But aside of the above two items I am very happy with the chosen setup and will continue to develop within it for a while.

I will write separate posts with more details about my experience with SmugMug, Studiopress, GoDaddy and iPage shortly together with some more details as to how the setup works.

My first time-lapse video

I wrote a blog post early sharing an awesome time-lapse video taken in New Zealand: Time-Lapse Video Shooting and said that I would like to explore doing something similar.

And that is what I did:

Sunset over the Forbidden City in Beijing
Timelapse taken at the north-east corner of the Forbidden City. Watch the sun set over Jingshan Park while the North-East Corner Tower of the Forbidden City and the water moat surrounding it change their colour with the light fading.

On the occasion of myself leaving Beijing I thought I leave my farewell greetings in my usual – visual – way and created the time-lapse video using a simple Shoot Intervallometer and LRTimelapse.

I will write a separate post with some more insights as to how I did it shortly.

Until then: Enjoy the Sunset and Goodbye Beijing!!!

Satisfied with my Samyang 14mm f2.8 lens

Continuing to explore the Kyushu area in Southern Japan, I took this photo with my new Samyang 14mm lens mounted on the Sony A7r:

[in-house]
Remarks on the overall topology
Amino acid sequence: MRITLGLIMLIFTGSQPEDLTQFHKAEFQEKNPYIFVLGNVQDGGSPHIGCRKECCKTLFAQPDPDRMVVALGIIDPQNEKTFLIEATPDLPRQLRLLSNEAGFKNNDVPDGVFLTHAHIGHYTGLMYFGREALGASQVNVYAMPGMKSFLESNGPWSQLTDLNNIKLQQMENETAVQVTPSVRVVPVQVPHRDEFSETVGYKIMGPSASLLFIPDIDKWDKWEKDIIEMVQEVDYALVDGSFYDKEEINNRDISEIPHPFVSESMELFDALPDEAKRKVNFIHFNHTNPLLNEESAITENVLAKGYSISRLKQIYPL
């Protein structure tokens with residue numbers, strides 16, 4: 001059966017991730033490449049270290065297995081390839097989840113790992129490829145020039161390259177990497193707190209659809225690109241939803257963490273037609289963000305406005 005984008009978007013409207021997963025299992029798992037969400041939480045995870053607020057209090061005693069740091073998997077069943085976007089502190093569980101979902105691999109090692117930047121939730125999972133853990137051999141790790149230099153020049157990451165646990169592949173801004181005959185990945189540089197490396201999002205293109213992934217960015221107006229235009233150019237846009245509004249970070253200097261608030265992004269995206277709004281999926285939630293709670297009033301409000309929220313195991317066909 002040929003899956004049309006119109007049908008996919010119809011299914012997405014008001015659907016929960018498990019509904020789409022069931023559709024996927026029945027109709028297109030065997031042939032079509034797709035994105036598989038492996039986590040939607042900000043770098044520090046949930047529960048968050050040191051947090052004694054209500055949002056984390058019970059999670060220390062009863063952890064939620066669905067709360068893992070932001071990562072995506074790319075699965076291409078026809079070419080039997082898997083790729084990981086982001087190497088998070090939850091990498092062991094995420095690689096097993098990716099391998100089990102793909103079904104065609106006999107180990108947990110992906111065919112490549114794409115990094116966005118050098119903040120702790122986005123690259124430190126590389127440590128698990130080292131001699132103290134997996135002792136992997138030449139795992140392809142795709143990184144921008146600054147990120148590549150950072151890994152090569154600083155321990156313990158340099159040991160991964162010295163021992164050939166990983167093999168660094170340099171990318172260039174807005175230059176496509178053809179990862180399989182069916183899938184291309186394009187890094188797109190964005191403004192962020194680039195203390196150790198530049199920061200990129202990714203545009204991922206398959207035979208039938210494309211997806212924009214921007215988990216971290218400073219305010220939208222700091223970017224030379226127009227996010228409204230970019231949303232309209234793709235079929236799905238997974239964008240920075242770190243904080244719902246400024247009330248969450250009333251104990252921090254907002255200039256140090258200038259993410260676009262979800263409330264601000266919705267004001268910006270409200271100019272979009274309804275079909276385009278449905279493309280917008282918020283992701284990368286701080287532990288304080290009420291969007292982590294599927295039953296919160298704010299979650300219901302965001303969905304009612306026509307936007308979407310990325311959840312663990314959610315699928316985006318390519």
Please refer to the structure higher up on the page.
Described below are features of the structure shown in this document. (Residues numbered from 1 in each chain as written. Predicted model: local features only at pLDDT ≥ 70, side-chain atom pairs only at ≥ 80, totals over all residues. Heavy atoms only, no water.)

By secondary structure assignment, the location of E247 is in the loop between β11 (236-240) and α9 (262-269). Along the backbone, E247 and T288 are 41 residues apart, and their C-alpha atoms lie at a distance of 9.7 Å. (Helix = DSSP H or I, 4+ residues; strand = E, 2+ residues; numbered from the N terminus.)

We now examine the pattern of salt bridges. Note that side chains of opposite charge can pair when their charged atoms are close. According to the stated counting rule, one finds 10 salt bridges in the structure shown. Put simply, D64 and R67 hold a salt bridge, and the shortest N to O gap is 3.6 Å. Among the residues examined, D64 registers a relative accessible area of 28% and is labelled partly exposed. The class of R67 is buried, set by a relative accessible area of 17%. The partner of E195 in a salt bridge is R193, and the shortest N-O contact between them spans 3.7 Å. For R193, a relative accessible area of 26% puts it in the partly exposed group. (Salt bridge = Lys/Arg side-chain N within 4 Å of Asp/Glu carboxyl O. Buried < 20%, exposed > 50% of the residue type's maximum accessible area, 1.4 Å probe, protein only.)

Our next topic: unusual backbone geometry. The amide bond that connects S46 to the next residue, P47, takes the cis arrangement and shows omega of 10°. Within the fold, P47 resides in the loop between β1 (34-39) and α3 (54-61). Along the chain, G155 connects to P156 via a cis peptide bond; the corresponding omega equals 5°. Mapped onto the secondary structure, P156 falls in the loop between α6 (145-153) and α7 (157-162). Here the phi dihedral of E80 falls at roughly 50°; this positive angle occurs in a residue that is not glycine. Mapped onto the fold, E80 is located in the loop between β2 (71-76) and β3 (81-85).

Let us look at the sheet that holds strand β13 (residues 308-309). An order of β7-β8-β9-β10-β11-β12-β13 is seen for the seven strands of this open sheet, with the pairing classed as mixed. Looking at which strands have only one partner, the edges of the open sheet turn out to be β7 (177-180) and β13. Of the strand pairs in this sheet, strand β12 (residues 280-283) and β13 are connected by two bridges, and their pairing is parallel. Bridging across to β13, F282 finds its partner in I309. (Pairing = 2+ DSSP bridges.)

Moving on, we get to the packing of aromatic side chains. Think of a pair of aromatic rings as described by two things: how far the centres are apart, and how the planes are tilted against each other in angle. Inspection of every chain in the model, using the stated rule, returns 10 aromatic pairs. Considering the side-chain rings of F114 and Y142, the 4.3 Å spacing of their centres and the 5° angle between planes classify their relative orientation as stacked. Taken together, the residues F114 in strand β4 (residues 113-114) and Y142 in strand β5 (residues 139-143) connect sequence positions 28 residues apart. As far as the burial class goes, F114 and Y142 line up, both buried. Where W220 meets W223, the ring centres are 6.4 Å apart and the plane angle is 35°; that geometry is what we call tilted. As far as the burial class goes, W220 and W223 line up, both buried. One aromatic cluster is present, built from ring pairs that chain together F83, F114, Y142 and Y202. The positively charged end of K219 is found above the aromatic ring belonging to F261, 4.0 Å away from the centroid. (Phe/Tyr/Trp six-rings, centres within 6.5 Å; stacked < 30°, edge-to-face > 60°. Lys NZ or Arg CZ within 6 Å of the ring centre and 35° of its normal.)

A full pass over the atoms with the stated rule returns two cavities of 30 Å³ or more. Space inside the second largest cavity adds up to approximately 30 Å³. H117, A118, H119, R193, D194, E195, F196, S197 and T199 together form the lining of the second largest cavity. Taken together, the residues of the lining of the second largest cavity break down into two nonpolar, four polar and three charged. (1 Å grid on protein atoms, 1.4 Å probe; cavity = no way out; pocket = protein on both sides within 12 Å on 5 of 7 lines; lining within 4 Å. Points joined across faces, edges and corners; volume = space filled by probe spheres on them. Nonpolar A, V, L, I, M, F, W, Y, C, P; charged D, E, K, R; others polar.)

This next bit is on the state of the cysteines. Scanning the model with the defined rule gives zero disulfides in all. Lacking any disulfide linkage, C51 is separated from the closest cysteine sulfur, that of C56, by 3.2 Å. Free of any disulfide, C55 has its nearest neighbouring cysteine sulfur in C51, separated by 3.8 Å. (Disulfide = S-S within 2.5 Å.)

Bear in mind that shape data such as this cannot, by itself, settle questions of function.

Tenjin at Night
Tenjin is an awesome part of Fukuoka: Packed with bars, coffee shops and small as well as big shops it is buzzling with people no matter if at night or during the day. On this picture you can see Tenjin Station in the background and the entrance to yet another roofed shopping street. Actually a band was playing there walking through after taking the picture and it must have been quiet famous given the attention it received from the mostly female audience. Please visit for my entire photo collection.

Check the price of the Samyang SY14M-E 14mm F2.8 Ultra Wide Lens for Sony E-Mount on

While it took me a while to get used to the manual focussing I by now feel quiet comfortable using it together with the Sony A7r. The camera supports the usage of manual lenses by two distinct features:

1. You can zoom in very tight when setting up your shot and therefore see if a certain part of the picture is in focus and

2. You can chose to have a coloured overlay in the viewfinder or the LCD display showing you areas that the camera elects to be in focus.

Both together give you a lot of security that when zooming in later on your computer screen you do not have any surprises.


So, now the question is why did I buy a manual lens in the first place? The simple answer is, that there is no E-mount  full-frame auto-focus lens available yet.

Yes, of course you can use the A-mount full-frame lenses using an adapter but that would mean that you have to handle an additional piece of equipment, you lose 1/3 f-stop and the auto-focus will perform slower.

Some photographers using the Sony A7r use the APS-C Sony 10-18mm lens, which is apparently doing a good job in the area of 14-17mm on the full-frame sensor as well but I would consider that only an option for those that already own this lens and would not specifically buy it for the Sony A7r.

Check the price of the Sony SEL1018 10-18mm Wide-Angle Zoom Lens on



Update November 11, 2014: The Sony E-mount full-frame 16-35mm, f4, wide angle lens will be available from the end of November 2014. This lens will obviously feature the above discussed auto-focus capability.

Check the price of the Sony 16-35mm Vario-Tessar T FE F4 ZA OSS E-Mount Lens on